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Business lessons from the gym

As long as you are willing to look, there are business lessons to be learned from many places. A local gym club has unfortunately provided numerous examples of how to alienate members.

image source: 123rf.com

So here are some of their mistakes that we can learn from:

  • send out quarterly invoices at seemingly random times and vary the means of delivery (snail mail or via staff to members)
  • never answer the phone and wait for at least 3 messages before returning any calls
  • ask for a deposit for the following year then question why members pay that much less in the first invoice of the year – either admit it is an extra fee or understand that a deposit is deducted from the main invoice
  • don’t answer emails
  • if you do answer emails (and it’s taken over two years for this to happen in our case) do not put your name at the end of the email, just use a signature with the club name and address
  • give out dates of major events (like the end of year performance) via wall posters 2 weeks beforehand – notices, emails and advance notice are overrated, surely?
  • claim to leave multiple messages, but not speak to member when at the club each week, as justification for not communicating important information. If nothing else, maybe it was worth checking if the correct phone number was being used (as no messages were ever received by us)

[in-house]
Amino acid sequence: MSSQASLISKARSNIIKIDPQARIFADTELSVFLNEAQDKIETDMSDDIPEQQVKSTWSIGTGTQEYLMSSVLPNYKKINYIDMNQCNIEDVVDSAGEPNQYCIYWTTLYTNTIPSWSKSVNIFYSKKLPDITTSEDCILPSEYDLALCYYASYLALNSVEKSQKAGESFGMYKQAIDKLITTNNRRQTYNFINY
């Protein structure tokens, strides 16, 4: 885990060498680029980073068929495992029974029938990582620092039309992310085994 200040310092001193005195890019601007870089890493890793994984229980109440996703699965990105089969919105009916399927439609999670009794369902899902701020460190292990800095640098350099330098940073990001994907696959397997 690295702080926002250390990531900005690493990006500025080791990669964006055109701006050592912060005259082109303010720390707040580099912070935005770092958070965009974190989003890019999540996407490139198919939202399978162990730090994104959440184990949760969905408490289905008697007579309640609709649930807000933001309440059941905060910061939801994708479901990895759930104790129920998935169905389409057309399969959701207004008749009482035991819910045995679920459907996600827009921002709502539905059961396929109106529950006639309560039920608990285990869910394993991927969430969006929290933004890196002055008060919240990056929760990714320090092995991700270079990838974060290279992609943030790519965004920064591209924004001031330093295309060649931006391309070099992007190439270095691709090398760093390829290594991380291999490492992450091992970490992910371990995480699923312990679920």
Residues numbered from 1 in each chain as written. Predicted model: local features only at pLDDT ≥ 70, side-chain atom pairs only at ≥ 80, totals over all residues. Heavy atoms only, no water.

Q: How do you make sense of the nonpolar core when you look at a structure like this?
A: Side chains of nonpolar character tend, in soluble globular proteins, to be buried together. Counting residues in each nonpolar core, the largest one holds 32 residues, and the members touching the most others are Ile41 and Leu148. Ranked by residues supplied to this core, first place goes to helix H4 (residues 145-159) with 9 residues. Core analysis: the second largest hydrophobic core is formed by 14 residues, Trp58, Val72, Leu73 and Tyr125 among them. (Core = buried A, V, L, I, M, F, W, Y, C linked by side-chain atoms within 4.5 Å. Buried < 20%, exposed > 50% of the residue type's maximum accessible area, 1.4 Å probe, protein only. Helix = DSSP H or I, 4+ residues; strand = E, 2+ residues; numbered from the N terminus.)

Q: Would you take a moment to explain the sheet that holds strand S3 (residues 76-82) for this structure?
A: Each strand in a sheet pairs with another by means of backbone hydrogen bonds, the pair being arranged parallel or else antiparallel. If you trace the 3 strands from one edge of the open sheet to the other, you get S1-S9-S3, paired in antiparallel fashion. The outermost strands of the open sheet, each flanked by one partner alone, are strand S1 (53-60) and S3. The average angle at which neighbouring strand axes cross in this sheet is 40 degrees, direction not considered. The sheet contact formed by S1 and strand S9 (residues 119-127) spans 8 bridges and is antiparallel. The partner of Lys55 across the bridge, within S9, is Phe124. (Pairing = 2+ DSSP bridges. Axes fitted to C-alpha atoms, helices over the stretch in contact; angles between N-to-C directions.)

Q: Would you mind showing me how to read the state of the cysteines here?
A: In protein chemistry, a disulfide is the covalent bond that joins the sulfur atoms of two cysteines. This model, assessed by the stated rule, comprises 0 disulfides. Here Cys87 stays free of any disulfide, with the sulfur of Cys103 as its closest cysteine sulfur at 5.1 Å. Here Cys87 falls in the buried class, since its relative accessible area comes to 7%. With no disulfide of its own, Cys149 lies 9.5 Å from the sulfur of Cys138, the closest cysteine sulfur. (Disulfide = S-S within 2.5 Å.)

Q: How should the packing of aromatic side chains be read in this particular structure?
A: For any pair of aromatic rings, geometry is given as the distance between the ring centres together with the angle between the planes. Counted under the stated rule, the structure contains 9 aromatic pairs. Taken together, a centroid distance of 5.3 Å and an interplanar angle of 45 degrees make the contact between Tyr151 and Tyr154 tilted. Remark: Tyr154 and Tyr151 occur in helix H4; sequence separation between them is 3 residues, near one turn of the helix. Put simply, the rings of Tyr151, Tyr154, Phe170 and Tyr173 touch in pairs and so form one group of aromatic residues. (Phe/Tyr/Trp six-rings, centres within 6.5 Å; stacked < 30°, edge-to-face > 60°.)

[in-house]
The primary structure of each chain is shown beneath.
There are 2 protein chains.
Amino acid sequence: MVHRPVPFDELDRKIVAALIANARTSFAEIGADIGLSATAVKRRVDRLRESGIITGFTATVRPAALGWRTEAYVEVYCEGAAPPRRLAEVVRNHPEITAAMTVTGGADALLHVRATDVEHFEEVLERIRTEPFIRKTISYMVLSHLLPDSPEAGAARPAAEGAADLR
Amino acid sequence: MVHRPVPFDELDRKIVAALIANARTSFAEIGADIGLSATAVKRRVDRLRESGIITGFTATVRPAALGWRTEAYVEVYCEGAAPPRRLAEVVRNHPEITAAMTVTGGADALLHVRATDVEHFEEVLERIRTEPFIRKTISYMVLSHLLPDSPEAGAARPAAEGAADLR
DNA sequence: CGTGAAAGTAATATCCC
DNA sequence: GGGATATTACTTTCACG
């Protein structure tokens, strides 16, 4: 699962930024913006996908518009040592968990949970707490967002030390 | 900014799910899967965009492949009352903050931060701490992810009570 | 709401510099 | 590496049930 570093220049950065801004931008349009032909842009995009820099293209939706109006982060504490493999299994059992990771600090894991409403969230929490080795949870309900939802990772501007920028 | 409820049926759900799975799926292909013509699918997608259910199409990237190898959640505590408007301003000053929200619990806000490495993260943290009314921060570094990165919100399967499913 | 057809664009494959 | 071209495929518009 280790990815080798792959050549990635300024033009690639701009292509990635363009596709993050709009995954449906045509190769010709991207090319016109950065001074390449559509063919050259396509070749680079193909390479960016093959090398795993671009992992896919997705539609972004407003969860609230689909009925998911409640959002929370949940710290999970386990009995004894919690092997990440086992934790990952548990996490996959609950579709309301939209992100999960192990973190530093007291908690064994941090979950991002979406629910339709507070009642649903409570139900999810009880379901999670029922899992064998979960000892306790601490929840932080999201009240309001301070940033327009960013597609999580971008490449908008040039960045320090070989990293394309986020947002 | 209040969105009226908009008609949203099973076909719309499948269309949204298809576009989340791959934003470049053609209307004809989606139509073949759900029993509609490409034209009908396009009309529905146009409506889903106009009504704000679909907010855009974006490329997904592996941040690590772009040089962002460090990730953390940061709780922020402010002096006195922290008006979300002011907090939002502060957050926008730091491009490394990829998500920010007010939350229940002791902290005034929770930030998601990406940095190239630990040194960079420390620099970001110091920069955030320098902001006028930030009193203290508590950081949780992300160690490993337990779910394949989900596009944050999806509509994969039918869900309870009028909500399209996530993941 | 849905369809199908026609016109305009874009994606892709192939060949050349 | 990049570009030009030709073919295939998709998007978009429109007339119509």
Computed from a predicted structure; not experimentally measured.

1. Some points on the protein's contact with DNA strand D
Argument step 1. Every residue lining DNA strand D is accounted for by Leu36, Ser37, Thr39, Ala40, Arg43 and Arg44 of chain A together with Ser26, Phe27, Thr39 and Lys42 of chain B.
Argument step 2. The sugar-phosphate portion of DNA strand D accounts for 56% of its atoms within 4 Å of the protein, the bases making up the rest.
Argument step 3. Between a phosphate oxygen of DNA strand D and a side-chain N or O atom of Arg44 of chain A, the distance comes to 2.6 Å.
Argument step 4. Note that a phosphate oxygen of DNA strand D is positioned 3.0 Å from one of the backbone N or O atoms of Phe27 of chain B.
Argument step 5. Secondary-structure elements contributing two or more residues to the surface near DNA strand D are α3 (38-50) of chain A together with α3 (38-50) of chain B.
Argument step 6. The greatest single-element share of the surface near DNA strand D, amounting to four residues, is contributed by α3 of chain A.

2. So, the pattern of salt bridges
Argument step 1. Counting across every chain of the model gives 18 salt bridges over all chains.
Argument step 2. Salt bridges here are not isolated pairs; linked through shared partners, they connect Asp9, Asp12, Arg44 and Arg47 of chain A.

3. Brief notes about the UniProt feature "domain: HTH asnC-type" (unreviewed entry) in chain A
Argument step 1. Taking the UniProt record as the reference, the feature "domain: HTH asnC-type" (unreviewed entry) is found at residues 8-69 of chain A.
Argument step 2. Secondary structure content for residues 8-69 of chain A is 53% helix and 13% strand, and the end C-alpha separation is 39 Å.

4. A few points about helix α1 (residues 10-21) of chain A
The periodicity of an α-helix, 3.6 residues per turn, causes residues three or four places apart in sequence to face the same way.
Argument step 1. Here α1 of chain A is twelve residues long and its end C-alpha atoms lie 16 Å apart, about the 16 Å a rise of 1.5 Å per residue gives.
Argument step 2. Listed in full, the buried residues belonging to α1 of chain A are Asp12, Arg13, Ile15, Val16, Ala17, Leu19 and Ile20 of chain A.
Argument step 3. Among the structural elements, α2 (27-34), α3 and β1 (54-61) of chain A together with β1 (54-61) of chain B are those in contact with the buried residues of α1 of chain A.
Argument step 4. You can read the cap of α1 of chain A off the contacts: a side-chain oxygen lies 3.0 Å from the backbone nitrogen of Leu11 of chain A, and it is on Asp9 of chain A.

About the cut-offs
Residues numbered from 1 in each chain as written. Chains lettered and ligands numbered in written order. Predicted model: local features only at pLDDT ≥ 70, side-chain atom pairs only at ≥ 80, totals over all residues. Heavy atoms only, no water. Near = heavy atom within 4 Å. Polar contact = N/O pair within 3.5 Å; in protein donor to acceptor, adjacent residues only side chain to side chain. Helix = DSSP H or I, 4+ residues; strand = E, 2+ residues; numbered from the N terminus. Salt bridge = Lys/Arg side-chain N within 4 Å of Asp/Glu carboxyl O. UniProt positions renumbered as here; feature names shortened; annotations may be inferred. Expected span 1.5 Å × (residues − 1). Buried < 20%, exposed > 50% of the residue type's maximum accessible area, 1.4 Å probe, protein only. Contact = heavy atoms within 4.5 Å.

I have heard people praise the location and facilities but only ever criticise the organisation itself. It is a pity to see people travel further than necessary because they want a basic level of customer service.

Of course, that is the key lesson from all the mistakes above – provide customer service and make things easier for customers.

How much poor or mediocre service will you put up with? Are there situations where it bothers you more than others?

Think about the order of information…

Getting frustrated may be part of life, but I don’t find it particularly enjoyable. It’s even worse when it could have been avoided so simply, too.

There is some software I am considering purchasing to use for a client as the freeware doesn’t have al the features I need. There’s a question I need answered first so I looked through their FAQs which didn’t answer my question.

They suggested asking intheir forum so I did. Only to discover, in small print in a directory listing not linked to originally, that the forum is old and questions unlikely to be answered. I wish they had made that clear elsewhere – or stopped people being able to ask questions instead of wasting my time.

So, then I used their contact form – filling in name and email and a nice message explaining what I needed. Form worked nicely but the next message was “You can’t contact us directly anymore”. Again, why not tell people that before they fill in your form? Why waste their time and, presumably, cause more emails to come to their inbox?

Whatever their reasons for not providing customer support, I don’t think there is any excuse for not putting messages in place to save people’s time. It would cost them nothing to have put the message before the contact form instead of afterwards, but would save aggravation for customers and give them a much more positive image.

So remember the sequence of messages can be critical for efficiency and estalishing good relationships.